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From Timothy Chen <tnac...@gmail.com>
Subject Re: Memory plannig in Drill
Date Thu, 09 Oct 2014 07:37:38 GMT
Hi Parth,

Thanks for providing an update, this is really great to see more
design discussions on the list!

The pipeline chains definitely makes lot of sense, and I still
remember discussions offline around this in the past.

The global memory efficency seems like a scheduling problem, as the
delay of a chain only benefits if there are other chains in-flight,
and be at a chain level or at a query level.

I don't have much to add yet, but love to see how we can start simple on this.

One paper that is relevant that I just started to read is from the
recent OSDI 14, will chime in more once I grasp it.


On Wed, Oct 8, 2014 at 11:03 PM, Parth Chandra <pchandra@maprtech.com> wrote:
> Hi everyone,
> Aman, Jinfeng and I had an initial offline discussion about memory planning
> in Drill. I’m summarizing the discussion below and hoping to initiate a
> discussion around some of these ideas.
> Order of Execution
> -------------------------
> Assertion: For memory management Order of Execution is a fundamental issue.
> One of the problems with memory usage in the execution engine is that all
> operators start up simultaneously and start allocating memory even though
> the downstream operators may not be ready to consume their output.
> For example, in the plan below :
>       Agg
>        |
>       HJ2
>      /    \
>     HJ1    Scan3
>    /   \
> Scan1   Scan2
> the scan operators all begin reading data simultaneously. In this case, the
> Hash Joins are blocking operations and the output of Scan3 cannot be
> consumed until HJ1 is ready to emit its results. If, say, Scan2 is on the
> build side of the hash table for HJ1, then HJ1 will not emit any records
> until Scan2 completes its operation. If Scan3 starts immediately, it is
> consuming memory that could be utilized by Scan2. Instead, if we delay the
> start of Scan3 until after HJ1 is ready to emit records, we can utilize
> memory more efficiently.
> To address this, we can think of the query plan in terms of pipeline
> chains, where a pipeline chain is a chain of operators terminated by a
> blocking operator.
> In the example, there would be three pipeline chains :
> PC1 : Scan1-HJ1-HJ2-Agg
> PC2 : Scan 2
> PC3 : Scan 3
> Now, we can see that we can start PC1 and PC2, but PC3 can be delayed until
> PC2 is completed and PC1 has reached HJ2.
> One thing we need to consider is that multiple major fragments can be part
> of a single pipeline chain. All these major fragments can begin execution
> if the pipeline chain is ready to begin execution.
> We need to think this one through, though. There are probably many details
> to be hashed out, though one thing is certain: the planner has to provide
> some more information to the execution engine in terms of the ordering of
> the pipeline chains. In other words, implementing this needs work on both
> the planner and the execution engine. We also need to work out the details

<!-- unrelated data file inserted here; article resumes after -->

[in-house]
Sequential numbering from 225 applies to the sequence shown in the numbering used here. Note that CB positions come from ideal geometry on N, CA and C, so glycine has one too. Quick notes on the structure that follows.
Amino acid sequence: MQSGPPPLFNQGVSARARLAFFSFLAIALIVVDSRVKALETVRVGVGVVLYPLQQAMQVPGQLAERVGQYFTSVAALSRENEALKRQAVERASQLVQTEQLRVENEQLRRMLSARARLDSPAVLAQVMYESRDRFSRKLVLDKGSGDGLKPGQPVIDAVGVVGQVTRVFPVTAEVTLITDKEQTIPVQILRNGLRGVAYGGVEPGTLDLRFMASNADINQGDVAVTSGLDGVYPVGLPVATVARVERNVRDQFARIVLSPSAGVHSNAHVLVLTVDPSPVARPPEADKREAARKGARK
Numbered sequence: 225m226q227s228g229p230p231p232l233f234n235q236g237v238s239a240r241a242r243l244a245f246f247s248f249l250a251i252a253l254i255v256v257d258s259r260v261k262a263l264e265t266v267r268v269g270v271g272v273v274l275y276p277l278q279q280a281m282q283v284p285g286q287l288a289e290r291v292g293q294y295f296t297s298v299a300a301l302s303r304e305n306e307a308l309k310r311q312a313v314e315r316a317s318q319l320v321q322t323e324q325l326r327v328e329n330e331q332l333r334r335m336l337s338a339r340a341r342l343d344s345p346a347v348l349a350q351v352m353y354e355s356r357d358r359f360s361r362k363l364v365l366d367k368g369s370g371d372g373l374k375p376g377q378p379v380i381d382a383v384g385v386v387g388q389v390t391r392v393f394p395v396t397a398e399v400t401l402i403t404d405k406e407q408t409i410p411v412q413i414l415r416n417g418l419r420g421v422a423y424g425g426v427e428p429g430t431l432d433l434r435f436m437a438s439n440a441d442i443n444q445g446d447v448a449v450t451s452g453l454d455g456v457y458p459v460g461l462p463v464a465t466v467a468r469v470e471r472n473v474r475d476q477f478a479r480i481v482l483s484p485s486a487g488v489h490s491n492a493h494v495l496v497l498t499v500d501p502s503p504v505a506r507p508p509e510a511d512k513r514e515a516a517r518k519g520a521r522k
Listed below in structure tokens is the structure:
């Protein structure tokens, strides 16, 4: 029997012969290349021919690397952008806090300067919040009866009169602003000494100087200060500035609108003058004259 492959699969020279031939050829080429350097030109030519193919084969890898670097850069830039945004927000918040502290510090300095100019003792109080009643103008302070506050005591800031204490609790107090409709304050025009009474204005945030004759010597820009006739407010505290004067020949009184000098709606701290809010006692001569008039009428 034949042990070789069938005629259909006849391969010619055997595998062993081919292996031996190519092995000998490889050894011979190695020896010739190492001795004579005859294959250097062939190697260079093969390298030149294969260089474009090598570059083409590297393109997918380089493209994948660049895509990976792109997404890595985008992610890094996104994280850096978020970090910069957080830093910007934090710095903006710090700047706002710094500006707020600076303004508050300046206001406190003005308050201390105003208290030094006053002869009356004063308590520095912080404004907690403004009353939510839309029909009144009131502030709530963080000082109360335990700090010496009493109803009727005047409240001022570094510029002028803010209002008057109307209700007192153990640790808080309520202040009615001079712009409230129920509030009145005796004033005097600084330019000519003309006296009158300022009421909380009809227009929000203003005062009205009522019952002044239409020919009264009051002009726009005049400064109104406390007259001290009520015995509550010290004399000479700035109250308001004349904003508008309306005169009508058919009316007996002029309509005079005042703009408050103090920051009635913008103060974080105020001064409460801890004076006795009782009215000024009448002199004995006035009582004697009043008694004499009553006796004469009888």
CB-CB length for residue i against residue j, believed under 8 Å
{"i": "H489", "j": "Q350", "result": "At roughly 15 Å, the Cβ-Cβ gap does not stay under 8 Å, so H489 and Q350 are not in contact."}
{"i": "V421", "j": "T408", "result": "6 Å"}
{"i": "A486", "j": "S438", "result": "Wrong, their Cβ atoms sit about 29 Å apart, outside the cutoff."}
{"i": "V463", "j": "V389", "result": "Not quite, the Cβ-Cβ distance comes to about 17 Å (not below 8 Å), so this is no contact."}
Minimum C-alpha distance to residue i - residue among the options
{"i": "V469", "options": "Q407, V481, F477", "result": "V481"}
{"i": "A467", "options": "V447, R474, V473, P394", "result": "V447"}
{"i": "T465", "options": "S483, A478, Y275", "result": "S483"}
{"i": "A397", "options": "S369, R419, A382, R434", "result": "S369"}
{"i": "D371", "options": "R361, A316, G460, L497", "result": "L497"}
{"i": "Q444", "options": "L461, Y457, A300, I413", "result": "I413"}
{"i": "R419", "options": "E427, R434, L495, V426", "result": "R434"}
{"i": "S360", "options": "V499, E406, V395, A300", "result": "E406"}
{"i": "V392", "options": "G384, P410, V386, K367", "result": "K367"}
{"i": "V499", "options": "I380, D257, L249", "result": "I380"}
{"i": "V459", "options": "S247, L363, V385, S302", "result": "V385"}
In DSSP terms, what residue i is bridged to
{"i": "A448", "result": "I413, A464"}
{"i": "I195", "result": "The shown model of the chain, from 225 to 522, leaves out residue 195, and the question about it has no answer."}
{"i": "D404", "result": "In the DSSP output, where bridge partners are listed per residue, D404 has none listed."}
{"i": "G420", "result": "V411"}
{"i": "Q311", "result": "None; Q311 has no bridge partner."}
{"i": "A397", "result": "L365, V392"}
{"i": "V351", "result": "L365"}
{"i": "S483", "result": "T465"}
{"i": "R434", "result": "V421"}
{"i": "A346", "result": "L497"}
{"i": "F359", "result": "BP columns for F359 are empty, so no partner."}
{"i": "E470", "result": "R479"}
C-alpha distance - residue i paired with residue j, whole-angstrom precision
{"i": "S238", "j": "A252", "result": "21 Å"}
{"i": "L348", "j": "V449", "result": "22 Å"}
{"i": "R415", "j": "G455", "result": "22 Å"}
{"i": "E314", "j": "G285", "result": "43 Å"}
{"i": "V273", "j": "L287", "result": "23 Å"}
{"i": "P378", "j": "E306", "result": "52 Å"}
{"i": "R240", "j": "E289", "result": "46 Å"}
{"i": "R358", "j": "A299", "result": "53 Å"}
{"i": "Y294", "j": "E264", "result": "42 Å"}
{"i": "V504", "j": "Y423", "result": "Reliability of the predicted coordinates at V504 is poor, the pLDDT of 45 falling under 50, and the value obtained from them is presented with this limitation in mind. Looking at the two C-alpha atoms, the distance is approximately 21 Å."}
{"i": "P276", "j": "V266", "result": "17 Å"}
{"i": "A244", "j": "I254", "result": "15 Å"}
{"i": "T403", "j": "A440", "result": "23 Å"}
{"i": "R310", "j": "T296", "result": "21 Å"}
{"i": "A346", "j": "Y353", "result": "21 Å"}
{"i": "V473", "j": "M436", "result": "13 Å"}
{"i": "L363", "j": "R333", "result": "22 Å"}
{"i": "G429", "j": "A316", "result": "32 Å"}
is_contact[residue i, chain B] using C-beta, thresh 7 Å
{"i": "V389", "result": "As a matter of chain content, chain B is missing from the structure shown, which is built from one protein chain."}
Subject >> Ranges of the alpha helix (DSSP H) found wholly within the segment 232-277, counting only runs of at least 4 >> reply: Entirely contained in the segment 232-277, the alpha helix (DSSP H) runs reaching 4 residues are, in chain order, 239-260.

> of how the idea of a pipeline chain will be reconciled with the idea of
> major/minor fragments which are currently the units of execution.
> Fragment memory limit
> —----------------------------
>    We have implemented a simple method to limit the use of memory by a
> single fragment in 0.6 (it is disabled by default). This prevents a single
> fragment from hogging too much memory while other fragments may be starved.
> However the current implementation has some drawbacks:
>   i) The fragment memory allocators have no idea of how much memory is
> really needed by the fragment. The fragment limit is therefore determined
> by dividing the available memory *equally* among the fragments. This is not
> a fair method; a better choice would be to allocate fragment limits based
> on the relative needs of the executing fragments.
>   ii) The idea of limiting memory use by a fragment is a little too narrow,
> since the purpose is to allow many queries, not fragments, to be able to
> run together. The current mechanism favours queries that may have many
> fragments over queries with fewer fragments which may have equivalent
> memory needs.
>    To address this, we need to assign memory limits per query instead of
> per fragment. In addition, we have some estimates at the query level for
> the amount of memory that the query may need. We should probably change the
> memory limit implementation to use this estimate and assign limits
> proportionately. In addition, the limit should be calculated per query (and
> assigned to all fragments of the same query). It might be even better if we
> could estimate the memory requirement per fragment and use that as the
> limit.
>     Again, some work needs to be done to figure out what data is available
> that the allocators can use and what data can be calculated/estimated at
> the planning stage to allow the allocators to distribute memory fairly.
>     All critiques and criticisms are welcome, we’re hoping to get a good
> discussion going around this.
> Parth

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